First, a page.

The Unfairness of Equal Outcomes
When I talk to student groups about inequality, one of the first things I ask them to do is consider a mental experiment. Imagine a society in which, for example, the richest 20 percent of households earn an average of $60,000 per year and the poorest 20 percent of households earn an average of $10,000 per year. Imagine average household income overall is around $35,000 per year.
Now imagine a different society in which the richest 20 percent of households earn $150,000 on average and the poorest 20 percent about $18,000. Suppose the overall average is about $54,000.
If we compare these two societies, there’s no doubt that the first one is far more equal. The distance between rich and poor is much smaller. But if we ask which society is the more desirable one, or which one people would like to live in if they did not know if they’d be rich or poor, most people would pick the second, despite its higher degree of inequality. Not only is it richer on average, but it’s clear that it’s possible to become very rich and, perhaps most important, the poor in the second society are much better off than those in the first.
(It’s worth noting that the second society roughly corresponds to the US of 2017.)
That so many people’s intuition is that the second society is better suggests that perhaps what we really care about is something other than inequality per se. We care about upward mobility, or average income overall, or how well the least well off do.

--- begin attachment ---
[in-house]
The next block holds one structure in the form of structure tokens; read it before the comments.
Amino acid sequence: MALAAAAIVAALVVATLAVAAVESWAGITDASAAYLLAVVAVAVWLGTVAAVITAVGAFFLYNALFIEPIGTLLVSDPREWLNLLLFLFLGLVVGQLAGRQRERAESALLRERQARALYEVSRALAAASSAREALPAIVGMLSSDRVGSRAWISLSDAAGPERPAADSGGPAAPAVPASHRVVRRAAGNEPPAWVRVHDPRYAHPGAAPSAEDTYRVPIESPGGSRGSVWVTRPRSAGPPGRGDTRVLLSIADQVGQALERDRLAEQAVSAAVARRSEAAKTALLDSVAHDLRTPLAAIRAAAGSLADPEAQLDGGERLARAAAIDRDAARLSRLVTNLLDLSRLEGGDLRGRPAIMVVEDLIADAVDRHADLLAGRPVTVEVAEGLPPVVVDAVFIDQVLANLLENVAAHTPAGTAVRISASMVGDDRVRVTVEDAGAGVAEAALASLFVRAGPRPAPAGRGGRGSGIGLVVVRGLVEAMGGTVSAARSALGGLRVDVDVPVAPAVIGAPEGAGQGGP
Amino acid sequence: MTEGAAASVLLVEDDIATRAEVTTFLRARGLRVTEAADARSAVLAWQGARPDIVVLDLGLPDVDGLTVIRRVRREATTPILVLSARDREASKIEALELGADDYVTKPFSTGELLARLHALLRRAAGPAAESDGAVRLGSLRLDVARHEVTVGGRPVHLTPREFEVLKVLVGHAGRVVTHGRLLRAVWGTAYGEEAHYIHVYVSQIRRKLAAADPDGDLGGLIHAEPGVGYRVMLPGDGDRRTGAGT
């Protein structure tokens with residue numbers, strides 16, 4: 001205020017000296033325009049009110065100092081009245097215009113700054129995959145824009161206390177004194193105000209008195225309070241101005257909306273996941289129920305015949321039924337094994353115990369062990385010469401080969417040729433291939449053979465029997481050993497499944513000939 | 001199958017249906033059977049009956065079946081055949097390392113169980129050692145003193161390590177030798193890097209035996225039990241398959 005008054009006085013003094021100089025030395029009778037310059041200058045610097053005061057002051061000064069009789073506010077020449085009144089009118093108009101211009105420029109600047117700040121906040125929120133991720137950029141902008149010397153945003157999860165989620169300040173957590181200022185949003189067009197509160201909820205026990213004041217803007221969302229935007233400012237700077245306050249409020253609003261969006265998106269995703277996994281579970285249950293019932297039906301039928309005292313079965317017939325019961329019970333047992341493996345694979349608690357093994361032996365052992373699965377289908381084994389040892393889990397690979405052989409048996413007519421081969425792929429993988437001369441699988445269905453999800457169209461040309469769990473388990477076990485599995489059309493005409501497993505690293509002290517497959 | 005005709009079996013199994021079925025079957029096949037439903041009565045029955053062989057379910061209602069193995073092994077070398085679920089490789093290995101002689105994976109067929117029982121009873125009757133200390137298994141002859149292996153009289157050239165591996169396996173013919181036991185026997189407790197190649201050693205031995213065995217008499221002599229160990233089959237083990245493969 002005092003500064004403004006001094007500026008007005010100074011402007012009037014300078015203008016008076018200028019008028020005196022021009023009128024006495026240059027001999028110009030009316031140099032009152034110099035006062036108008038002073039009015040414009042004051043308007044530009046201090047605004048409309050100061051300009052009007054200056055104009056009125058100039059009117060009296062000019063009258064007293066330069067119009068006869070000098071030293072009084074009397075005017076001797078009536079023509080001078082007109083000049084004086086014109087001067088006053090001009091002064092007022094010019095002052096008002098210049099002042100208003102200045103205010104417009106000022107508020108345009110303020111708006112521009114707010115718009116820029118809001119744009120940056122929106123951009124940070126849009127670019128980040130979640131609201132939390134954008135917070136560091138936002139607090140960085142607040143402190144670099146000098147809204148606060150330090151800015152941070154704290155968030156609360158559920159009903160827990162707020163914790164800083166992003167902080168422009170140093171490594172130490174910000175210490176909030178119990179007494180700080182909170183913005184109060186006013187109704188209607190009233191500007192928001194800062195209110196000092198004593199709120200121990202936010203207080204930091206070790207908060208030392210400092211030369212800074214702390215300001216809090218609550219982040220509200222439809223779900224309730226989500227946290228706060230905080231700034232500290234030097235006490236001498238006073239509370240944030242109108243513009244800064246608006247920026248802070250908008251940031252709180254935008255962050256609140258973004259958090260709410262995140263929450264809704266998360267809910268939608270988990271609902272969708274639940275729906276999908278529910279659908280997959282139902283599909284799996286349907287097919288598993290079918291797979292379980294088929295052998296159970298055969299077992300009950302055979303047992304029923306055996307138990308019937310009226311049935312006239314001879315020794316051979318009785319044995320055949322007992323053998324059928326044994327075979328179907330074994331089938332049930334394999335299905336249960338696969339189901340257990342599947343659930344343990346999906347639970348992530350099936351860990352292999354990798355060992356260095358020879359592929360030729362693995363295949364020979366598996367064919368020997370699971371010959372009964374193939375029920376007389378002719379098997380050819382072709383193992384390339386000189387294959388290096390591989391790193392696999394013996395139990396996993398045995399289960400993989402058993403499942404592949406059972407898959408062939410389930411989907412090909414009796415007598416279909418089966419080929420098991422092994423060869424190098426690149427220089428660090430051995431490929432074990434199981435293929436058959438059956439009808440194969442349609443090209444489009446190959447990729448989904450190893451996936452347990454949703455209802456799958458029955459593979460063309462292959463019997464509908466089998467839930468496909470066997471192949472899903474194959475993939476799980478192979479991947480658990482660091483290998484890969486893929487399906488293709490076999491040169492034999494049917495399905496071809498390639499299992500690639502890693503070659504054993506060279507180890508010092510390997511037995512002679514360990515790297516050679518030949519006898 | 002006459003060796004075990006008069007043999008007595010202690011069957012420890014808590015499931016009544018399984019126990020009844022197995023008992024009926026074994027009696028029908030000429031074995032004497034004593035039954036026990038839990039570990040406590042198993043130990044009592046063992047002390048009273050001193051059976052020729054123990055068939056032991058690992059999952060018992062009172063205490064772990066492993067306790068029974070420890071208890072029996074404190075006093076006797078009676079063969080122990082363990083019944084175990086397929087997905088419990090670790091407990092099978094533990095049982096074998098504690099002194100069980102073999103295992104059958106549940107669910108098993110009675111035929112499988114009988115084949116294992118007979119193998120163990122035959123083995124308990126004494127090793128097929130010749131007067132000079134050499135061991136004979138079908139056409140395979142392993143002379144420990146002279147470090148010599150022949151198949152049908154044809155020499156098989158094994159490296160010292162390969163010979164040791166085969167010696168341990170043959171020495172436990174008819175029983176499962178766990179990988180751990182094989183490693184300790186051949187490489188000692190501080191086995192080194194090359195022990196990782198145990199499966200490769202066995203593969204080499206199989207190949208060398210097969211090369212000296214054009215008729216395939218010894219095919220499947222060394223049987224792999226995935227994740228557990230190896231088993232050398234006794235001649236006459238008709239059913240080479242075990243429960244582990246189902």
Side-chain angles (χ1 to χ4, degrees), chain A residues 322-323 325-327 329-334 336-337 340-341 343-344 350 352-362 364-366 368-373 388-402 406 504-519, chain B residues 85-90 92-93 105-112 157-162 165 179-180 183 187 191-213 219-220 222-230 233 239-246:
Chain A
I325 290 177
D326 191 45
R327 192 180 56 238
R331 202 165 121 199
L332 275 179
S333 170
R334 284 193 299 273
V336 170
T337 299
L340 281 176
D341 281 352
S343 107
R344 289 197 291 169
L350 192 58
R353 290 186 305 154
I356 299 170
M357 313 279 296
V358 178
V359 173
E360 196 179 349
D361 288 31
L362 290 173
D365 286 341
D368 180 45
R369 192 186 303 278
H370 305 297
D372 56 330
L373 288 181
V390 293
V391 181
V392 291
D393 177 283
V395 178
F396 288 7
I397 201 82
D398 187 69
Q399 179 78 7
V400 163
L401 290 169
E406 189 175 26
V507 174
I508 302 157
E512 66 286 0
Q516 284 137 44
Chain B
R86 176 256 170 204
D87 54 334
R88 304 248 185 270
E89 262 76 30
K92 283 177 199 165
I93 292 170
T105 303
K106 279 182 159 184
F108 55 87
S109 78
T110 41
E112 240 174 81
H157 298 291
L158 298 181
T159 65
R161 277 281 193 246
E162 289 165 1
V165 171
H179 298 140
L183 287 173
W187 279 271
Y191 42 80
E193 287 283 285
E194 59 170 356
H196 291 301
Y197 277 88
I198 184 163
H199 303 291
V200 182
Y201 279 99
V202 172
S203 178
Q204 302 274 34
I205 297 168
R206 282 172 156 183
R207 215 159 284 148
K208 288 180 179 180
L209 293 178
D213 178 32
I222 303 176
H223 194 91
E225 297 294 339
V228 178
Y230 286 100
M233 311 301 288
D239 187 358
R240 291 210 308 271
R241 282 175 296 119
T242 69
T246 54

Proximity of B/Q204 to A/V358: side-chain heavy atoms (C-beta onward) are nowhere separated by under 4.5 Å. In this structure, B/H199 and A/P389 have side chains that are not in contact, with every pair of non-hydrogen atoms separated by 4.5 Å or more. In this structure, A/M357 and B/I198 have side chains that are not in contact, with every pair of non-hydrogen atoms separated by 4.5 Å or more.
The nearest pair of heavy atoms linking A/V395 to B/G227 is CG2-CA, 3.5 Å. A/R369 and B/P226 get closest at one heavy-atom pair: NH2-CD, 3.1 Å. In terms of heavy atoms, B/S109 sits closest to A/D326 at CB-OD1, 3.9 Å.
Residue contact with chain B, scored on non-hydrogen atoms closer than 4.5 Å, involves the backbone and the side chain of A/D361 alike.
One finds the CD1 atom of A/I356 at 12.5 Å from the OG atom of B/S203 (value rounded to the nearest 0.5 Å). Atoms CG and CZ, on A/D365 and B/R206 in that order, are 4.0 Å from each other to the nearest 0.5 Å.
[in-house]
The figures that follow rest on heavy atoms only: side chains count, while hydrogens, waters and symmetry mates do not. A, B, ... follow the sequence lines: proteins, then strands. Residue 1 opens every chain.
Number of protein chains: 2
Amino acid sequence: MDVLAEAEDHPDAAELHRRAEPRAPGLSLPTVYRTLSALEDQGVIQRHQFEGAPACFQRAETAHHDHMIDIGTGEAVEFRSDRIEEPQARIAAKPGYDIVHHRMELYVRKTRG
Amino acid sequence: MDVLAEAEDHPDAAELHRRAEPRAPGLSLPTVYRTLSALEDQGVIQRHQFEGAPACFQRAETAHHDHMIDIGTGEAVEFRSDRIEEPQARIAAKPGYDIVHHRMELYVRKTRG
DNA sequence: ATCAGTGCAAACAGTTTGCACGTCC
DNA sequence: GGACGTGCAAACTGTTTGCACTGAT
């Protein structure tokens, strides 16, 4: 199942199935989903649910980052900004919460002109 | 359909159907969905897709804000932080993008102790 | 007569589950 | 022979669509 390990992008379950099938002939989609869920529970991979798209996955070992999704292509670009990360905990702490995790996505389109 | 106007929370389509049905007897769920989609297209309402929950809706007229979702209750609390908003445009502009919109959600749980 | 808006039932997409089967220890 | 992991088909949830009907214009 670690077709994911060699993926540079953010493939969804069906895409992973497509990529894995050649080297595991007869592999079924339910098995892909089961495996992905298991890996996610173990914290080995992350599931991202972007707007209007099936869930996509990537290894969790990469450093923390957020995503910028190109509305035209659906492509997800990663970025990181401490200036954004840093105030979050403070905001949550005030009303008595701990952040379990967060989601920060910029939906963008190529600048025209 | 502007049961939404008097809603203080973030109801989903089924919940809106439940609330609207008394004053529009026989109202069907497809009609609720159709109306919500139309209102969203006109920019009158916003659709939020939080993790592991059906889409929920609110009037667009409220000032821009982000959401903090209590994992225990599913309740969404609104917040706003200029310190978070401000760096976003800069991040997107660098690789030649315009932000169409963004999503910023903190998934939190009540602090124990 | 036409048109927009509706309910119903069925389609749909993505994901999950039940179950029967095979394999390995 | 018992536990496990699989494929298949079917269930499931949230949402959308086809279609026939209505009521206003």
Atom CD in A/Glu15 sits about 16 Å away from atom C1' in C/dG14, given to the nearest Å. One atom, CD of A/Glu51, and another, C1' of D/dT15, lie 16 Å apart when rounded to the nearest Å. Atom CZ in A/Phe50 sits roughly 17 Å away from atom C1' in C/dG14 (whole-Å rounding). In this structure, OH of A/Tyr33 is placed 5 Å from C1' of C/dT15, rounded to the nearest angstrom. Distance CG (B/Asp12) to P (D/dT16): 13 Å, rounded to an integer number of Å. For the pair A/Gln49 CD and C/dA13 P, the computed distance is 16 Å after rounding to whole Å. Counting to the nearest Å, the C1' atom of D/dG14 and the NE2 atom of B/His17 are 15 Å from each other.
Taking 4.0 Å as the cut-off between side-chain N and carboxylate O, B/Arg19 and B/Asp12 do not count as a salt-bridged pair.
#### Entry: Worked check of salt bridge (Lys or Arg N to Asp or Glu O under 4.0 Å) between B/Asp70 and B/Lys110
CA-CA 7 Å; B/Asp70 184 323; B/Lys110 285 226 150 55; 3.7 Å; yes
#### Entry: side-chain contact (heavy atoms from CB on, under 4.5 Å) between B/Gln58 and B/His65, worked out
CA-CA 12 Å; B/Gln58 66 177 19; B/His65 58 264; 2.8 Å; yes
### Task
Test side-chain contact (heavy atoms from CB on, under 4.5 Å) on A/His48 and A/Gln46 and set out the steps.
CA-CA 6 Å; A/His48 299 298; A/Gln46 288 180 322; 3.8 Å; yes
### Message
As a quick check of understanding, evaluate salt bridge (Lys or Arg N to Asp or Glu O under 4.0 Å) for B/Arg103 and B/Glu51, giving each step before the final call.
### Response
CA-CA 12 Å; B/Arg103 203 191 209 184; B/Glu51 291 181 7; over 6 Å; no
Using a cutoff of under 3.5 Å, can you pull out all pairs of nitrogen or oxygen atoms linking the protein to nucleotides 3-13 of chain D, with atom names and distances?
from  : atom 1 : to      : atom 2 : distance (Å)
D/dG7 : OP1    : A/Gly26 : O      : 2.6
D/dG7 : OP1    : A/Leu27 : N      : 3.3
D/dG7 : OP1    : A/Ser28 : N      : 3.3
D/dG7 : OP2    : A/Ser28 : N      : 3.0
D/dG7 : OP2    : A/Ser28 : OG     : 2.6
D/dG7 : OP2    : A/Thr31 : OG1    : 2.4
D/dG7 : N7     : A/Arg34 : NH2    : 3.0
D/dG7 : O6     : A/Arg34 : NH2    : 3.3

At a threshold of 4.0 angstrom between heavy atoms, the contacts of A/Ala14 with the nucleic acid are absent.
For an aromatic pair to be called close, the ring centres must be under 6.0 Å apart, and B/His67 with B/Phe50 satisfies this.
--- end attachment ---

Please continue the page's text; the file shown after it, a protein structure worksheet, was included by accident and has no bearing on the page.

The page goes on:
Inequality vs. Unfairness
But maybe there’s another element to this concern. A recent study in Nature argued, with evidence, that what bothers people more than inequality per se is “unfairness.” People will accept inequality if they feel the process that produced it is fair. By implication, they will not support equality if it violates their norms of fairness.
We see this in another reaction students have when I give talks about inequality. I point out the number of Apple products visible in the room and ask them if they think the wealth Steve Jobs and other Apple founders accumulated over their lifetimes was objectionable. Is that the kind of inequality they object to? Students are usually hard-pressed to articulate why Jobs’ wealth is wrong, and they look sheepishly at their iPhones when I ask them how much they would have to be paid to give up their phones and connectivity, and they realize it’s way more than they pay for them.
I also remind them that economic studies show that only about 4% of the total benefits of innovation accrue to the innovator. The rest goes to consumers.